PPE includes things a worker can wear or hold that will prevent injuries in the workplace. It is important that construction workers, roadside workers, and maintenance workers are clearly visible to other workers and traffic, so they require luminous boiler suits and hats with lights on.

Similarly, someone working with sparks that could damage their sight must wear goggles when operating machinery, and anyone working at a height needs the proper harnesses and footwear to prevent falls, injuries, and in the worst cases, fatalities. PPE offers effective injury prevention.

Reducing Staff Turnover

Companies know that retaining the best industry talent is good for business and success, especially these days when there is so much automation in the workplace. Supplying workers with the correct PPE for the role is one way to create a good impression and retain employees.

Employee retention helps businesses grow because they have the experience and knowledge needed to make key decisions and relate to clients. But there is another benefit, employees who have been through the training process are cost-effective as new staff don't need onboarding.

Increasing Workforce Productivity

PPE also boosts productivity in the workplace. Instead of businesses making losses due to absenteeism, they have a workforce in place that is protected and motivated on a daily basis. Wearing the correct gear puts workers in the right frame of mind and helps them work better.

Wearing the right working gear sets the context for a job role helping productivity, but it also supports productivity in a more practical way. For example, the kitchen staff will be able to work more efficiently when they have the right gloves to wear and can handle larger quantities safely.

Improving Brand Reputation

Most businesses are primarily interested in PPE for the health and safety of workers and to adhere to the UK regulations, but there's a secondary benefit, a boost to the business reputation. Companies that provide their staff with PPE can benefit from a more streamlined  recruitment process, enabling them to attract talented staff easier.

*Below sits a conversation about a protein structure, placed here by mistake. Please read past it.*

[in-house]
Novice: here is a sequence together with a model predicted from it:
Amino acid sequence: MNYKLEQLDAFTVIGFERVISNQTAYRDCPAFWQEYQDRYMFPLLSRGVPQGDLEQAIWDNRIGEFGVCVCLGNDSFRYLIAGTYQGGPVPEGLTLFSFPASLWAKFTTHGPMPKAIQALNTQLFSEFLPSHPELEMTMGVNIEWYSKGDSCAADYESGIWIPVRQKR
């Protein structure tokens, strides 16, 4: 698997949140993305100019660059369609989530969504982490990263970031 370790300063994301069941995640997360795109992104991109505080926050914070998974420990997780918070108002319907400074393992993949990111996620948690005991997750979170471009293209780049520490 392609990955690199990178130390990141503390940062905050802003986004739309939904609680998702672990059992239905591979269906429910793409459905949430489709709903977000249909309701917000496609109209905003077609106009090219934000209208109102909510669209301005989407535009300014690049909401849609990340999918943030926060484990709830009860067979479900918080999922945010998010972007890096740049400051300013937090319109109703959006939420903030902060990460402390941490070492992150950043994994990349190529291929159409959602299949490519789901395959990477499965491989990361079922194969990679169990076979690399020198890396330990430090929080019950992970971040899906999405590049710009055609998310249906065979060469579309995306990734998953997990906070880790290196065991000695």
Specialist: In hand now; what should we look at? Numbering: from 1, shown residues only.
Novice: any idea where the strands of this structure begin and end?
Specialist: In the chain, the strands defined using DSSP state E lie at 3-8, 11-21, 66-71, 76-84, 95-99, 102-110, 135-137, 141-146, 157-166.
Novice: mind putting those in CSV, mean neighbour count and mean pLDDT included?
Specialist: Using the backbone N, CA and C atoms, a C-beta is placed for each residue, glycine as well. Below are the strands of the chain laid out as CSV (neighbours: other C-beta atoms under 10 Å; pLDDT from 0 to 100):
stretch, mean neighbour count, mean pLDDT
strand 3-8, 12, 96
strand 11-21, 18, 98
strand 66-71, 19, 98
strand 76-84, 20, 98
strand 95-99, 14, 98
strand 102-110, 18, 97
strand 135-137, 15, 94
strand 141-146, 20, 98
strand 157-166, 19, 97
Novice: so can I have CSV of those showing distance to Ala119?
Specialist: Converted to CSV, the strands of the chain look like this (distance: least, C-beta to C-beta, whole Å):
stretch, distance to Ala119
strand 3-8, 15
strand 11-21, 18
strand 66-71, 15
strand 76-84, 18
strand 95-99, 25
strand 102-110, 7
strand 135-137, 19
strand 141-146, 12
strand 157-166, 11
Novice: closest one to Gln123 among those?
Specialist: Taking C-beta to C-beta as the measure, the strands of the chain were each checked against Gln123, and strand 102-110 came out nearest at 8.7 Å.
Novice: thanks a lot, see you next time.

With the advent of automation and AI, companies are paying special attention to recruitment processes; this ensures they hire and retain the best industry talent. Given a choice, candidates will opt for companies that supply PPE in accordance with guidelines and industry standards.

Employees, present and past, favour employers who look after their workers and support welfare, and this extends to customers as well. A business that uses PPE starts to gain a favourable reputation with customers and clients thanks to free word-of-mouth advertising.

In order to align with industry standards, companies must use the right protective equipment for the role. Some examples of PPE requirements can be found here. As with any internal process, a company needs to provide a high standard of service to employees to improve its reputation.

Avoiding Prosecutions and Fines 

Workplace compensation needs to concern any modern business. When a worker sustains an injury in the workplace, it can lead to litigation issues and seriously damage the company's reputation for years to come. Ineffective PPE can be a vulnerability for workplace injury lawyers.

It is seriously harmful when a charge is brought against a company or brand. Even if the claim is thrown out, the publicity and reputational damage sustained by the company can be devastating. When all is considered, it is better to invest in the right PPE and protect employees.

Depending on the workplace, some PPE is mandatory. In the construction industry, you will not find a worker without a hard hat, gloves, and a luminous vest. Similarly, in the catering industry, all workers are required to wear hats and gloves to avoid contamination. It is thanks to OSHA.

OSHA stands for the Occupational Safety and Health Administration, an organisation that was set up to maintain standard industrial safety practices. Not only does OSHA provide guidance and guidelines for worker safety, but it also enforces standards with its training and outreach.


As you can see, there are plenty of excellent reasons to review your PPE and make changes that align with modern business practices. PPE will reduce absenteeism and support productivity, prevent workplace injuries and legal claims, reduce staff turnover, increase workplace productivity, improve the brand's reputation, and prevent precautions and fines.

It is important to ensure you have the right PPE for your workplace. Even if you have some in place already, it is sensible to review this now and again to ensure you are up-to-date with the latest protocol. The best way to create solid health and safety foundations is to audit the workplace taking note of any obvious hazards. Also, understand the industry requirements.